impairment be established. Alabama Courts have long held
that a permanent impairment cannot be established before a
Plaintiff reaches [maximum medical
motion for a summary judgment concluded:
"[Barnes] has admitted that he is currently still
exposed to the hazards of his alleged disease. As a result,
he cannot establish a date of injury, cannot establish...
who will ultimately be liable for the disease, and cannot
establish a final degree of impairment. As several
fundamental elements of [Barnes's] claim cannot be
adjudicated, [his] claim is not ripe, and should be
dismissed, without prejudice, to refile when [he] can
establish a date of loss."
filed a response opposing WMC's motion for a summary
judgment. Barnes argued, in part, that he had reached maximum
medical improvement ("MMI"), that issues of
material fact precluded the entry of a summary judgment in
favor of WMC, and that WMC had misinterpreted §
25-5-117(b). Among the materials Barnes submitted in support
of his response opposing WMC's summary-judgment motion
were his affidavit and an affidavit from Dr. Salem K. David,
who allegedly performed all medical services associated with
Barnes's purported hearing loss. Dr. David's
affidavit included as an exhibit a letter from Sandra M.
Hinman, the audiologist who evaluated Barnes for Dr. David.
Hinman's letter states:
"[Barnes's] ideogram/test results reveal that he
has a mild sensorineural hearing loss at 250 Hz —
500 Hz for the right ear and borderline normal hearing at
1000 Hz — 2000 Hz, dropping to a moderate to severe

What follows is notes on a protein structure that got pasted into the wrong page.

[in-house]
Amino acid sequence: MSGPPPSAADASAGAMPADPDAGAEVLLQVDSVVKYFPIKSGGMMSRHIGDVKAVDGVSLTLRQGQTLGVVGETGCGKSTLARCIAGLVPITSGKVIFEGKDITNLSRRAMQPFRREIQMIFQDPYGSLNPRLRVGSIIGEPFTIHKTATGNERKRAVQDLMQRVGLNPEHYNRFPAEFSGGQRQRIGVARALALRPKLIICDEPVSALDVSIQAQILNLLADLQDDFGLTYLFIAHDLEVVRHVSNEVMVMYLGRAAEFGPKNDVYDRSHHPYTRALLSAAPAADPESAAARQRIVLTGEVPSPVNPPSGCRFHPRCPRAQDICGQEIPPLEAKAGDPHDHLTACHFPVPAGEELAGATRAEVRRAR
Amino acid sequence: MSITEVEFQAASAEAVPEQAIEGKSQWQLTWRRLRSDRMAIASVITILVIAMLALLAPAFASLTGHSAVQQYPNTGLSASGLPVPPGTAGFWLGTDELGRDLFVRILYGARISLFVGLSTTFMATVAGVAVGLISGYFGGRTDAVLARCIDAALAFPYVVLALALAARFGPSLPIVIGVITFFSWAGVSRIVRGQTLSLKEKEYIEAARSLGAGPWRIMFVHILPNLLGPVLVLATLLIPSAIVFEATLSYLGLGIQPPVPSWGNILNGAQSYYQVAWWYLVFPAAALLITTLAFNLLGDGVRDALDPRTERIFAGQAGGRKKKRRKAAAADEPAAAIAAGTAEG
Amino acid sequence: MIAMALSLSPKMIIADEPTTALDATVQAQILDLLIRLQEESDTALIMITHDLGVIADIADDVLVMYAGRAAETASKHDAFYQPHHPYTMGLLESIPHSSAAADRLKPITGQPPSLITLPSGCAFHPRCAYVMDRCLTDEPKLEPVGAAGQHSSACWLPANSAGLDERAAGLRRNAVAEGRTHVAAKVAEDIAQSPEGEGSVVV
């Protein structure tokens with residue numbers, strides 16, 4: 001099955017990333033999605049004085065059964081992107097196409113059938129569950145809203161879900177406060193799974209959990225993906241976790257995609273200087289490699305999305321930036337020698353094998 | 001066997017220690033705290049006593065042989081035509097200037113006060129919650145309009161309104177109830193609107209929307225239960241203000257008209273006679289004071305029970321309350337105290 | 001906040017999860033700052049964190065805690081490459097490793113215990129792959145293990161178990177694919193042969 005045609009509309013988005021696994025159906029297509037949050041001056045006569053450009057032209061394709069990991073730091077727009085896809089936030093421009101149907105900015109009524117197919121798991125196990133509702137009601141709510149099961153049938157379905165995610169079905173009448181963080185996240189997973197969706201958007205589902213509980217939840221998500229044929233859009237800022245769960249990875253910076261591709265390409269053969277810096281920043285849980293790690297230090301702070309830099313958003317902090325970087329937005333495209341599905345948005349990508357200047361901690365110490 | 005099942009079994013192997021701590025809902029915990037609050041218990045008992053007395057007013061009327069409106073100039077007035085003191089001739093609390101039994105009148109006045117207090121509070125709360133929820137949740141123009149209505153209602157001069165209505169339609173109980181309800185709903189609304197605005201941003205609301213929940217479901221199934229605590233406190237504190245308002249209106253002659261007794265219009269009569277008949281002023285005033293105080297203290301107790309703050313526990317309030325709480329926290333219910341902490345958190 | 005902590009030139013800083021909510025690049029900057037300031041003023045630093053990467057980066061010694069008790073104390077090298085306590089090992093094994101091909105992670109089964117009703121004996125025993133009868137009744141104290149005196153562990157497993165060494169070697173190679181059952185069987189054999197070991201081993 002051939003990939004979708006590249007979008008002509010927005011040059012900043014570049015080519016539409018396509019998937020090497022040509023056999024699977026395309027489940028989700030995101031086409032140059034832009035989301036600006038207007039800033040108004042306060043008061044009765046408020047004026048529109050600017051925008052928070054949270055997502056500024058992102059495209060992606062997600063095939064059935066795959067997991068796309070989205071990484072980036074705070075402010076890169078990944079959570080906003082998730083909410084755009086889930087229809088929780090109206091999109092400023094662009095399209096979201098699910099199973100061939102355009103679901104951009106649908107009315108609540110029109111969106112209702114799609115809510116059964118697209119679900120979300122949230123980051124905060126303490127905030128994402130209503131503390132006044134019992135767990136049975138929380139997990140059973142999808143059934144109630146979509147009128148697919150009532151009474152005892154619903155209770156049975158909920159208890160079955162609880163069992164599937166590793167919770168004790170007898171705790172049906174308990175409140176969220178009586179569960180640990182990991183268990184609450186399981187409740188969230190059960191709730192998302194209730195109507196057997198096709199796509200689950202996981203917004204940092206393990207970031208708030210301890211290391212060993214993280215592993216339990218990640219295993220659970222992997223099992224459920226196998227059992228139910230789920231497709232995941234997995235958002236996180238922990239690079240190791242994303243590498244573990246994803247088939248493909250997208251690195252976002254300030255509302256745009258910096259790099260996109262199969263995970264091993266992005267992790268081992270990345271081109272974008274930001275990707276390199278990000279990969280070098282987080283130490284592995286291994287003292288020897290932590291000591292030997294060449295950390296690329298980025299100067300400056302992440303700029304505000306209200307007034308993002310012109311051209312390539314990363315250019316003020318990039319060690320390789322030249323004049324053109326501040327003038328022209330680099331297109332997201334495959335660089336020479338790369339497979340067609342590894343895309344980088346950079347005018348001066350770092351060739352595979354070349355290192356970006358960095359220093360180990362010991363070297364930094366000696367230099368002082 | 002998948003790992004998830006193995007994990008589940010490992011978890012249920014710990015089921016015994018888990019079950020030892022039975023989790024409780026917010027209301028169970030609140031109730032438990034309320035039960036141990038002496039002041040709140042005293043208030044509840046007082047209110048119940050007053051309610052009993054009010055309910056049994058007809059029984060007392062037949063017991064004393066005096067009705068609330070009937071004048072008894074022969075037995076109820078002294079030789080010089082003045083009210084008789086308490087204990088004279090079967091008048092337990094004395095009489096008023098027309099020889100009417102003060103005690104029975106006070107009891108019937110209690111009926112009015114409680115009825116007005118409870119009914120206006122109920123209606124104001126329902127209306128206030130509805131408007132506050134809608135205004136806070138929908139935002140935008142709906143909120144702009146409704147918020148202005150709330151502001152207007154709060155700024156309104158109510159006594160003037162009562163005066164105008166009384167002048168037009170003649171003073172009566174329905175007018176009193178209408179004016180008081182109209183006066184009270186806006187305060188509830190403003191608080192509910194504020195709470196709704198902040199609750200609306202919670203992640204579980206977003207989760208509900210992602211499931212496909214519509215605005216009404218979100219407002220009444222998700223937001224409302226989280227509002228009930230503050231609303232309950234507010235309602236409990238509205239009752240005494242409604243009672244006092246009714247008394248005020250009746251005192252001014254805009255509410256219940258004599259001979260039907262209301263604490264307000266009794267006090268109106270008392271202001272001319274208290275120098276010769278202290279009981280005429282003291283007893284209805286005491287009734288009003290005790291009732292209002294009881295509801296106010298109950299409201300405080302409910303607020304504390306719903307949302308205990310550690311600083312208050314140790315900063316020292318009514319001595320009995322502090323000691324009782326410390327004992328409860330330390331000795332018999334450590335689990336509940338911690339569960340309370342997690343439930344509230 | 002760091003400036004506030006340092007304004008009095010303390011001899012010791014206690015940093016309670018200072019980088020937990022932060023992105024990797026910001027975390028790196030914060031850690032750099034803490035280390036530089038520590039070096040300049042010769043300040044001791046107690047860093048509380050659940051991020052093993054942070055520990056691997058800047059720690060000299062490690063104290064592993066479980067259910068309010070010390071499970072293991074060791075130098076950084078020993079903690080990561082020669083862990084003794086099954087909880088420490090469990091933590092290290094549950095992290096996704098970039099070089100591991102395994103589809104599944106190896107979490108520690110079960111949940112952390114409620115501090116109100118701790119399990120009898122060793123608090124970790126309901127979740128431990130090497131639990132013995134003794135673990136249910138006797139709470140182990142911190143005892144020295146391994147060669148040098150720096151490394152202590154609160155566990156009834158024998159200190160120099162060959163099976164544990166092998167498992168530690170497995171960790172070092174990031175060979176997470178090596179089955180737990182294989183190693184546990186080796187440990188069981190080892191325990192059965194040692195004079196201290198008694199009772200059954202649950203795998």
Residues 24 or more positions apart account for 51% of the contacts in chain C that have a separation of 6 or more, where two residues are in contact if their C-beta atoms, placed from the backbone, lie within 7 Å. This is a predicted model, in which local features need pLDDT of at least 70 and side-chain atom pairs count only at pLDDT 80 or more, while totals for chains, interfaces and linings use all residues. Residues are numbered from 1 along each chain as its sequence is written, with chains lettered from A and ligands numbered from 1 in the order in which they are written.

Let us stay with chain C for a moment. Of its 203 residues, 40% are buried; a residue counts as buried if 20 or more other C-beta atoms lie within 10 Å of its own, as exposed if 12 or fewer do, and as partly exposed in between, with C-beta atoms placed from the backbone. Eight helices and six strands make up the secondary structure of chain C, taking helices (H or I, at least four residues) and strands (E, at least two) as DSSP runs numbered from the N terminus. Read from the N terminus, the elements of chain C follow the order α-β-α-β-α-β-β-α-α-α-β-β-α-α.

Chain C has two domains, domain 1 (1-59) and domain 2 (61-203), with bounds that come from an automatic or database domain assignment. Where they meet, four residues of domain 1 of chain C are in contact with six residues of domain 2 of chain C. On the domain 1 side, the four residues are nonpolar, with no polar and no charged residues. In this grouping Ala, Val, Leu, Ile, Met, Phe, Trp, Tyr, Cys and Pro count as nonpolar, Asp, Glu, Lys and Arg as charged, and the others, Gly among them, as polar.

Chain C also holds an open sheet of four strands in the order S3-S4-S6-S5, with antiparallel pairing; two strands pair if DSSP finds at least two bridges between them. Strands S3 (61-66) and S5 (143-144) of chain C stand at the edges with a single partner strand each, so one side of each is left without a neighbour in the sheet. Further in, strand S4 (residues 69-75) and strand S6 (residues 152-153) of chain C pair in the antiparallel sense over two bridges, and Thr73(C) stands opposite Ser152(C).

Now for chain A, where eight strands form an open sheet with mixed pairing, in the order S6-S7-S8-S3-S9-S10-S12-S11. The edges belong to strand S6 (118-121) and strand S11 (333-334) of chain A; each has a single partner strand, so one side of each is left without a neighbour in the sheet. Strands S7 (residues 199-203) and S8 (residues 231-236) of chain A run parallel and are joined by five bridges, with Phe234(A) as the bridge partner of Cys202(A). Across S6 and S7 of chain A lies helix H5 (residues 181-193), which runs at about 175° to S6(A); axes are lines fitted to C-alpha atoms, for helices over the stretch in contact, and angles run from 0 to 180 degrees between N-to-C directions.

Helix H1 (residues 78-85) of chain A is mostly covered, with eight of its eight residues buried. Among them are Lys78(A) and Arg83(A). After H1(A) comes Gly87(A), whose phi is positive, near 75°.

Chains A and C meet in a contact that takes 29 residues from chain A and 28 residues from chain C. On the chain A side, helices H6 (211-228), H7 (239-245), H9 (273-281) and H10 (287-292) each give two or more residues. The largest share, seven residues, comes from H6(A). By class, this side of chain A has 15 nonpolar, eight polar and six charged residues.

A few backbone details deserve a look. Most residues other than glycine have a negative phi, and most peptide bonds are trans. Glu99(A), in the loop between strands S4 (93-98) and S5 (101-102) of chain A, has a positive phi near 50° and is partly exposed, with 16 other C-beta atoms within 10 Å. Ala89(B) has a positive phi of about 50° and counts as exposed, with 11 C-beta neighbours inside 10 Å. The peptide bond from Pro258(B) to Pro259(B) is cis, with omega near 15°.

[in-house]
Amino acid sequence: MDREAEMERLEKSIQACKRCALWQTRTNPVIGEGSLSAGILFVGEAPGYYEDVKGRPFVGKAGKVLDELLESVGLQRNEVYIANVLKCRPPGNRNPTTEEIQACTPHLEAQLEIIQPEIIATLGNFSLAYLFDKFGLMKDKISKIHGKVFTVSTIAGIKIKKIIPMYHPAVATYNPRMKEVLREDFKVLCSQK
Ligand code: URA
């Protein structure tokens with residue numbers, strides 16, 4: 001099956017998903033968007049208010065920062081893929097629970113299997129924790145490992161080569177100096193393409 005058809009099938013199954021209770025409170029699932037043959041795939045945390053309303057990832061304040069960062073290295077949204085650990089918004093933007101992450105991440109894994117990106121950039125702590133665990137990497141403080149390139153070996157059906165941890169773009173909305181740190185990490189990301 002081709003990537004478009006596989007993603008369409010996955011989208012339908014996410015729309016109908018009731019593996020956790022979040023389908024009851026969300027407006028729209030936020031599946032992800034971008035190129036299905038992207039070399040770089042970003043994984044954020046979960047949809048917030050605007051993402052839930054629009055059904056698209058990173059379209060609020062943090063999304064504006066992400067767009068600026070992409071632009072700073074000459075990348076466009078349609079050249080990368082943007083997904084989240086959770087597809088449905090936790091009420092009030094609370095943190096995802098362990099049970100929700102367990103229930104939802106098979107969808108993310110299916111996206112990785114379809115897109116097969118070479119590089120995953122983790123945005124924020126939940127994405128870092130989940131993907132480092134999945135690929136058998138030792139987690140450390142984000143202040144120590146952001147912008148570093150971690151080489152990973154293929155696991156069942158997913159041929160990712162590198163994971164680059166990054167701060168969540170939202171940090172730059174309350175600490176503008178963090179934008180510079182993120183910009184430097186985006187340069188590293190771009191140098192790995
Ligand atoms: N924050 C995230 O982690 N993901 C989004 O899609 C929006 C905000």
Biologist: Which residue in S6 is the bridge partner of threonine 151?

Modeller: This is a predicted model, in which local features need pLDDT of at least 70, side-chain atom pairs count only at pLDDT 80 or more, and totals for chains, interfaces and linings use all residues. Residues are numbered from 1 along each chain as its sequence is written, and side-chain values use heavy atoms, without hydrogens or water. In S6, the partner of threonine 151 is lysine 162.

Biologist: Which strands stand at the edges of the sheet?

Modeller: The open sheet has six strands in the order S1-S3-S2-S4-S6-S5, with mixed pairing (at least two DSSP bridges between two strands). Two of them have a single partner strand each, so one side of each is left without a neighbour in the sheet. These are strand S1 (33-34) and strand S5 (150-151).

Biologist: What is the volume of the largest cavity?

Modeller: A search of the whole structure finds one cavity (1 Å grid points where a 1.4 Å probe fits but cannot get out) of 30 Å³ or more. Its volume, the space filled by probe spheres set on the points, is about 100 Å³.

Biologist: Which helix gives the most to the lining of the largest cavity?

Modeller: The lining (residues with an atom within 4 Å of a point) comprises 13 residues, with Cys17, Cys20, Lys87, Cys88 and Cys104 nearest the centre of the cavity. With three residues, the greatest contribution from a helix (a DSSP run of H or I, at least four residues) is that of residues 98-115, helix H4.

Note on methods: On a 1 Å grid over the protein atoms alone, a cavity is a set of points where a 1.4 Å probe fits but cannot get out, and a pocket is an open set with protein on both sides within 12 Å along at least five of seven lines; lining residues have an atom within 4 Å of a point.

loss at 3000 Hz — 8000 Hz. For
the left ear, he has a mild sensorineural hearing loss at
250 Hz — 500 Hz, and borderline normal hearing at
1000 Hz only, dropping to a varying loss at 2000 Hz
— 3000 Hz, and a profound loss at 4000 Hz —
8000 Hz. His hearing loss is most likely a combination of
age related and noise induced factors."
David's affidavit, he averred that he had diagnosed
Barnes "with bilateral sensorineural hearing loss"
and that it was Dr. David's "opinion[ ] [that] the
noise exposure in the mines has been a contributing factor in
causing ... Barnes's hearing loss." Dr. David
"Sensorineural hearing loss, due to ongoing noise, is
most often permanent and no further medical care or
treatment could be reasonably anticipated to medically
treat ... Barnes or lessen his impairment or disability.
Continued unprotected exposure can cause further decrease
in hearing from which ... Barnes is not expected to
recover. After each injurious exposure, no further medical
treatment will likely yield additional improvement or
lessen his impairment or disability."
4, 2019, the trial court entered an order denying WMC's
motion for a summary judgment. WMC timely ...